Mexican rice

IMG_4022

Growing up, we called it “red rice,”  and it was special because it was made in a pan instead of a small pot, and you put all kinds of stuff into it instead of just a bit of salt and a pat of butter like we’d do with plain white rice. Leftovers, if we manged any, were treasured, heated, and placed in tortillas with avocado, or, as I got older and lost my fear of chiles, some salsa. Continue reading “Mexican rice”

Socca with rainbow chard

IMG_3784

I love these. Pretty much anything with chickpea flour is going to be a winner with me. And we’re throwing greens on top? Heck yeah! In Provence, these simple, thin flatbreads are called socca. Just over the border in Liguria, they are called farinata. You can make small socca like I do for this recipe, or you can make large pieces that you slice up for sharing. On their own, socca are relatively simple in flavor, and given that, the addition of any herbs or spices really stands out. In this case, just a few grinds of black pepper are easy to notice, as is the chickpea flavor and the little bit of tumeric. All the flavors get to shine in this dish. Continue reading “Socca with rainbow chard”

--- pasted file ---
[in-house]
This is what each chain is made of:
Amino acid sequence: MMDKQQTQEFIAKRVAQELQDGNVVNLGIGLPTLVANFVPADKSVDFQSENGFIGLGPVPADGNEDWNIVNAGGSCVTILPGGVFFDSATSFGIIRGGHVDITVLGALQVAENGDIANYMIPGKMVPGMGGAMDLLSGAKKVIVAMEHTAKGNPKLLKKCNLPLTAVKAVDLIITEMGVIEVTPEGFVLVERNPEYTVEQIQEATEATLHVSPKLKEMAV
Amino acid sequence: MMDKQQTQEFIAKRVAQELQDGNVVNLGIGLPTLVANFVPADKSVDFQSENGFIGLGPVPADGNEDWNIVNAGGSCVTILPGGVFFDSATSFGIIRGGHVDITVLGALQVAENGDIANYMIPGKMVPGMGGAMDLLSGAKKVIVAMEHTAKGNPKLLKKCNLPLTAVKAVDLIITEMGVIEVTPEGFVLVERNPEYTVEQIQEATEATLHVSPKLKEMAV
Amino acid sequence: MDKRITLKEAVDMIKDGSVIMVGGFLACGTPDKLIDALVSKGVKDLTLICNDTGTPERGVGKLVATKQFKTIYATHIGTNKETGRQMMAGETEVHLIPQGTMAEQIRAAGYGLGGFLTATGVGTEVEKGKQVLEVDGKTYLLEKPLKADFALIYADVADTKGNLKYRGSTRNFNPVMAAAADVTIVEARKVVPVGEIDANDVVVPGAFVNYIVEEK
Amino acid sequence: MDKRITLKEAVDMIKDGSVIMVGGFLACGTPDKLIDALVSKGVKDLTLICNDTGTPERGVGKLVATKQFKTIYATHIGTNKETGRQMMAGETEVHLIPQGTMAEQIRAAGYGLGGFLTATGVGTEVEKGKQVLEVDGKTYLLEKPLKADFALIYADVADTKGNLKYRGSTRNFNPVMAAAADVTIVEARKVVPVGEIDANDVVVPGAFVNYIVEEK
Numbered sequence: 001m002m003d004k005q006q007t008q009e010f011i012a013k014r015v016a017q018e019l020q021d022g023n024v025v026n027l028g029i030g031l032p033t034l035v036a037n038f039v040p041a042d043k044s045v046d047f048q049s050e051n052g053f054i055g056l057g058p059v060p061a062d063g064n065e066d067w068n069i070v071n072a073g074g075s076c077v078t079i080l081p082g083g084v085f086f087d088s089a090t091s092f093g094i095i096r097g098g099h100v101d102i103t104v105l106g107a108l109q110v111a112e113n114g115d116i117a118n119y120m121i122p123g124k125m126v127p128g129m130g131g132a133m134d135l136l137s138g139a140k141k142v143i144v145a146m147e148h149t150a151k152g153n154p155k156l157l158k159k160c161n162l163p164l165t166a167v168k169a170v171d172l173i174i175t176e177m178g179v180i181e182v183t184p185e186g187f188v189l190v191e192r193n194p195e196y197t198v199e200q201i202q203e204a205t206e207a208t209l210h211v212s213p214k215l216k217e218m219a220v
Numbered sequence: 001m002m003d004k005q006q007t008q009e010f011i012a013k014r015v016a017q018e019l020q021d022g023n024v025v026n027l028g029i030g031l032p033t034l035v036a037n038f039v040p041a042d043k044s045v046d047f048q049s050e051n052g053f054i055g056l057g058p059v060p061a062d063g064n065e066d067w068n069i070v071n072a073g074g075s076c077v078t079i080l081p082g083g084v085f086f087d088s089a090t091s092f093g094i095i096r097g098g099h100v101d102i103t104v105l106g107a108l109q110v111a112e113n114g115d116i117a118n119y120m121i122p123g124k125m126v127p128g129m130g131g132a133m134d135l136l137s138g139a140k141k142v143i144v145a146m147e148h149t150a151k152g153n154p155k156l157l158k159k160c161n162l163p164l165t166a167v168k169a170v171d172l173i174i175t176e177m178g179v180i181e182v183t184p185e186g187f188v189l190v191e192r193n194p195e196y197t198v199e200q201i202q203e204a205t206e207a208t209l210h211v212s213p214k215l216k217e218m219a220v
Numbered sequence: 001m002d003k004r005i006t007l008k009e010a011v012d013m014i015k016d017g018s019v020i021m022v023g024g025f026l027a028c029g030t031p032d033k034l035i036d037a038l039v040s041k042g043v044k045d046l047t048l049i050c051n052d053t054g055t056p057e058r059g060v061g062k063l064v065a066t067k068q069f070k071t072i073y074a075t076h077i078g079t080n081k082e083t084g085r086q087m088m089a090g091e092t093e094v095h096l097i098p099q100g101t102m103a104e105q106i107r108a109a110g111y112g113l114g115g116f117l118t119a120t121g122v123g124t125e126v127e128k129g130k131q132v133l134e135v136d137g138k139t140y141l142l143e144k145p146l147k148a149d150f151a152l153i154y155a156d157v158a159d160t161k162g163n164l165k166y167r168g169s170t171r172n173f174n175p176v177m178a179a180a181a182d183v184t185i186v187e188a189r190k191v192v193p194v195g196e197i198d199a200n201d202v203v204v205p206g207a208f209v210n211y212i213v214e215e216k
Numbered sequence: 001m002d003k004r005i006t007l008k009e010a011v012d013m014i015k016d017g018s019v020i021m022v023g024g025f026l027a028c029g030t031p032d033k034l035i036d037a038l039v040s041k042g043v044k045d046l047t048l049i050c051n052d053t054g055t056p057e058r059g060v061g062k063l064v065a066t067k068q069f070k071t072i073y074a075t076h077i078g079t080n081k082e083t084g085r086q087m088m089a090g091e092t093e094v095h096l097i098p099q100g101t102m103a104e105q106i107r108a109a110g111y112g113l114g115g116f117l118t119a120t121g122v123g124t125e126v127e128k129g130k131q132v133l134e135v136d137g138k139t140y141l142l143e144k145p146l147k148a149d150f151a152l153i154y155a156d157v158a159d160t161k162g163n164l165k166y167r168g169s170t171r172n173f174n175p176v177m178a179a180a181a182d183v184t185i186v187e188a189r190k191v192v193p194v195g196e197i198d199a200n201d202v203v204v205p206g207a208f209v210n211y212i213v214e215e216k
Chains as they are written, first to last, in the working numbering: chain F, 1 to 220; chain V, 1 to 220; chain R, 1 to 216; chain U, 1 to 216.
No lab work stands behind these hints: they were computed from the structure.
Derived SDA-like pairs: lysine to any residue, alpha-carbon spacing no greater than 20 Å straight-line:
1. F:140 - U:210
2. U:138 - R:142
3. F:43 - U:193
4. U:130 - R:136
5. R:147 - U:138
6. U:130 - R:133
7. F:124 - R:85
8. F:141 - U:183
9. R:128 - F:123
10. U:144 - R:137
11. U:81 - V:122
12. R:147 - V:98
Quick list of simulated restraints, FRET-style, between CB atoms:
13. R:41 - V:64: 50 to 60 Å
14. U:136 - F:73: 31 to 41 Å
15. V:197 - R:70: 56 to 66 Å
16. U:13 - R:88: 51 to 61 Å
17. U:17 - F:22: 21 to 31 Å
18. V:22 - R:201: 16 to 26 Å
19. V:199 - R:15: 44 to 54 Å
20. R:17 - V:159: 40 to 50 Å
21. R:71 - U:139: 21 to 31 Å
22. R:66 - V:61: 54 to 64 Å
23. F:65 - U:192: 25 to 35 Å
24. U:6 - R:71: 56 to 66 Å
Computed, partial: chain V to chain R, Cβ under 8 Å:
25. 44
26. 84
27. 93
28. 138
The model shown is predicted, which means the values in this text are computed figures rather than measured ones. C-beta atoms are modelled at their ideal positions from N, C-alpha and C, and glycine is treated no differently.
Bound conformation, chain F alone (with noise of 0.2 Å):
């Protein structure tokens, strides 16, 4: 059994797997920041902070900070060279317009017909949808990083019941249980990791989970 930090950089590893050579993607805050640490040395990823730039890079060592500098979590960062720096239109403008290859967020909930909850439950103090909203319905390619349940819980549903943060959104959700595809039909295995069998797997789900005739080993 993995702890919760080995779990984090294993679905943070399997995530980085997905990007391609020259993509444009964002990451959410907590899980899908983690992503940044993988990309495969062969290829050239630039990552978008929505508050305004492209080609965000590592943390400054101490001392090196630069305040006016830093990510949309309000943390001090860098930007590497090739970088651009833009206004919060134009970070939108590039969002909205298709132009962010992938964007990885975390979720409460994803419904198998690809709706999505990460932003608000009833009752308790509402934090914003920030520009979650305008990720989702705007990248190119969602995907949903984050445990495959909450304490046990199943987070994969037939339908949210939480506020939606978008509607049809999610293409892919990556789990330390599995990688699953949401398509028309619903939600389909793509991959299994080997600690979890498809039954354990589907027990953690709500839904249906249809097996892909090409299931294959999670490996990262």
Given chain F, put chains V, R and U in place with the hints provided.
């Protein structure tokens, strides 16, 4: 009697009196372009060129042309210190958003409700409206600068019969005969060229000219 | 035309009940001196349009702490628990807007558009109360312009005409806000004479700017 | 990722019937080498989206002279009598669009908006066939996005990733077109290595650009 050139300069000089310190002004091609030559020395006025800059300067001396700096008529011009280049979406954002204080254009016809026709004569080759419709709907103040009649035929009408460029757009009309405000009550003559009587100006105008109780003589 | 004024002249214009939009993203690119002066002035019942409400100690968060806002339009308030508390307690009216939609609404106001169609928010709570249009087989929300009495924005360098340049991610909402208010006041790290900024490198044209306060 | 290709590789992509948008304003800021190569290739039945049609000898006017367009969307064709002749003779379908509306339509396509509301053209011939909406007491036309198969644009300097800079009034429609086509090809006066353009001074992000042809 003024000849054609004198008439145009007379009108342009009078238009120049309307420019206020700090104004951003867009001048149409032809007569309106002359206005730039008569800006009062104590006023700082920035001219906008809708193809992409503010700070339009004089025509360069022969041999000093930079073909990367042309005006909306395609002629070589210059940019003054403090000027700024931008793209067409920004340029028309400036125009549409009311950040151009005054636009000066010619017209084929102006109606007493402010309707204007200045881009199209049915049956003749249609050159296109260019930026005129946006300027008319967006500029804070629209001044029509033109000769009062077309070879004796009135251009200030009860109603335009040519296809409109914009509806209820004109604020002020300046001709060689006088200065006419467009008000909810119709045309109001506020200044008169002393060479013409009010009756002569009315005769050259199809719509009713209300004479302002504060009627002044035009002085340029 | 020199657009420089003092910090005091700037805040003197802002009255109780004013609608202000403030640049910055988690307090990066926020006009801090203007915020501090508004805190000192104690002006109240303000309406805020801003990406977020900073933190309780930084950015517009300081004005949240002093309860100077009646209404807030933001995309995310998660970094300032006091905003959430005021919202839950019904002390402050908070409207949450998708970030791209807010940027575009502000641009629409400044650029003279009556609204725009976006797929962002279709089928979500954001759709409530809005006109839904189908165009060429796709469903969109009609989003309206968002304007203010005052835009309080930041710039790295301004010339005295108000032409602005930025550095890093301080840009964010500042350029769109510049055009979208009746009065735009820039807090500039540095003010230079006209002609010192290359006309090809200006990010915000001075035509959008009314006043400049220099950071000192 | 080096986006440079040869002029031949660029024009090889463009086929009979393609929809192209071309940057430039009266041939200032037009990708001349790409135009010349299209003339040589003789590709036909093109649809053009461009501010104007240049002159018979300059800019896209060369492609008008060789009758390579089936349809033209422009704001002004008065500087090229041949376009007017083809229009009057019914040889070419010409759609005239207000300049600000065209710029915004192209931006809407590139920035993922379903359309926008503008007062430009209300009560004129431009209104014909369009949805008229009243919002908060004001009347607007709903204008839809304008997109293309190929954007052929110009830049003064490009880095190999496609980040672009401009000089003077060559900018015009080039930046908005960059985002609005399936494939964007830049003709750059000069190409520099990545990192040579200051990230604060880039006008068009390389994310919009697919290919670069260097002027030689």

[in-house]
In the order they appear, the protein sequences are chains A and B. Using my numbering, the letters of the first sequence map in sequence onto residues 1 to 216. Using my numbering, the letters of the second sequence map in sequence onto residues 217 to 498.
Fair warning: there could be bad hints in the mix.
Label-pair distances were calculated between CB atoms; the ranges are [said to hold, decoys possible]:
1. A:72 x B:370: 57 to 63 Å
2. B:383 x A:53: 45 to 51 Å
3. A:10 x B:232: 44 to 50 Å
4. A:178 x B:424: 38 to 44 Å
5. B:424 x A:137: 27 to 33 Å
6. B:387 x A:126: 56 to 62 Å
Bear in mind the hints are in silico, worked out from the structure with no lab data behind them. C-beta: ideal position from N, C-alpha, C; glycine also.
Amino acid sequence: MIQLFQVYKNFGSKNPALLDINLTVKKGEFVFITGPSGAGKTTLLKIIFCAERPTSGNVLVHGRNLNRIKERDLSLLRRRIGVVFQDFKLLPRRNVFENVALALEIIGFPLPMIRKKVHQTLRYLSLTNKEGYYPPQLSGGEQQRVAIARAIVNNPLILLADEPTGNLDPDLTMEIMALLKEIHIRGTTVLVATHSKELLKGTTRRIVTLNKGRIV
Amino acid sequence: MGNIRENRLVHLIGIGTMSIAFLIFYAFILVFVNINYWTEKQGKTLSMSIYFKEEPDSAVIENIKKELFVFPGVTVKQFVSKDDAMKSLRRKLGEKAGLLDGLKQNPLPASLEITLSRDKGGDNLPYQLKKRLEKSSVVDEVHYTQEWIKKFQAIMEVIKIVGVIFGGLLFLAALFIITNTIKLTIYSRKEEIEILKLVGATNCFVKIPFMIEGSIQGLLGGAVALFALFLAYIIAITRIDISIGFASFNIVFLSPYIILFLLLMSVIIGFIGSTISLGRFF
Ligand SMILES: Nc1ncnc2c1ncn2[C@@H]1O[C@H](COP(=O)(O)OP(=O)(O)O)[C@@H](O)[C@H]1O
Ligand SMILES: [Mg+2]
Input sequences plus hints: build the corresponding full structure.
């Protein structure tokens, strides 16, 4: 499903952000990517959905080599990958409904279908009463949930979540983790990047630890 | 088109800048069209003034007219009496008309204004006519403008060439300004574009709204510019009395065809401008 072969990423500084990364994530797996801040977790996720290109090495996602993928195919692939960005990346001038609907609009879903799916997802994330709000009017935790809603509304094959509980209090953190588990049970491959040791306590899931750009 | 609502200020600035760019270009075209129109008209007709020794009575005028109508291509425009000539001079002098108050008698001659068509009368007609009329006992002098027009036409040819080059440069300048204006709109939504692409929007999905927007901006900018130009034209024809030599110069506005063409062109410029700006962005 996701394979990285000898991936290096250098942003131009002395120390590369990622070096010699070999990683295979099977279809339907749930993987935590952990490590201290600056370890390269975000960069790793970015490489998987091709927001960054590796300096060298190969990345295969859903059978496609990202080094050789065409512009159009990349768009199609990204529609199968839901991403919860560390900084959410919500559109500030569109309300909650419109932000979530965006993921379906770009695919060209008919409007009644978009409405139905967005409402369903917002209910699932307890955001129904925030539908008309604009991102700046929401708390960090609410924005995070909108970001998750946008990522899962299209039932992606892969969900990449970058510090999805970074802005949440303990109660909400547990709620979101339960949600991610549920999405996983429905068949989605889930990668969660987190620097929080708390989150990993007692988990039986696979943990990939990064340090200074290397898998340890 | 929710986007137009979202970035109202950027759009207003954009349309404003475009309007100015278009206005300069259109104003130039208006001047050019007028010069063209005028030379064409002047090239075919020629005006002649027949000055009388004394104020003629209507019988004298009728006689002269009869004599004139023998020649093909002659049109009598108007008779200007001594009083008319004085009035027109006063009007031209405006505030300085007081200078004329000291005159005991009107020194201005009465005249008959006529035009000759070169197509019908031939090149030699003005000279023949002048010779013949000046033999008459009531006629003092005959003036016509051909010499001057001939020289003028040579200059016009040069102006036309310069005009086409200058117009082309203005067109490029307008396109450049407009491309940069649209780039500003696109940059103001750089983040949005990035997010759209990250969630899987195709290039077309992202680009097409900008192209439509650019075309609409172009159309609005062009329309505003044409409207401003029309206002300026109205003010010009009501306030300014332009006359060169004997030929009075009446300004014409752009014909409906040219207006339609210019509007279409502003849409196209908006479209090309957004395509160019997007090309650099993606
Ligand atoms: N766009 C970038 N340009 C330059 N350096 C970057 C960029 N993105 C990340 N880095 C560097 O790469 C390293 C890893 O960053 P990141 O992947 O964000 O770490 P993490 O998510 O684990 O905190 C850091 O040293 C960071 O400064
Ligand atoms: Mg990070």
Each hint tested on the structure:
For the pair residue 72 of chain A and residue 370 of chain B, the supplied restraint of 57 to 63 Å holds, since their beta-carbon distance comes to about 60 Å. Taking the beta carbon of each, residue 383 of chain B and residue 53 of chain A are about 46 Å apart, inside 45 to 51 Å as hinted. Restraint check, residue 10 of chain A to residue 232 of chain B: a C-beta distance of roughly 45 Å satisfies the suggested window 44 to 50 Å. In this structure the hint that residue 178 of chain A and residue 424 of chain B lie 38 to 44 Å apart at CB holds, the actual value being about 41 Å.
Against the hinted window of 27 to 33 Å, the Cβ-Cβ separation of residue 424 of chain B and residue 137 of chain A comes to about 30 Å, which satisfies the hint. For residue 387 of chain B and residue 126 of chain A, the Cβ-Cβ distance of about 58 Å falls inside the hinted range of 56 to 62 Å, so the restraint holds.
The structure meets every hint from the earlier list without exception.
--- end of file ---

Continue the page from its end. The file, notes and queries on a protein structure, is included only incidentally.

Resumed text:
Quinoa salad à la 1999

In 1999, before quinoa was common on even our Bay Area menus, I came across this recipe in the staff lounge of the Berkeley middle school I was working at as a first year teacher. This middle school’s garden and cooking program regularly fed the staff their leftovers in the lounge, accompanied by photocopies of the handwritten recipes students followed, prepared and shared. Continue reading “Quinoa salad à la 1999”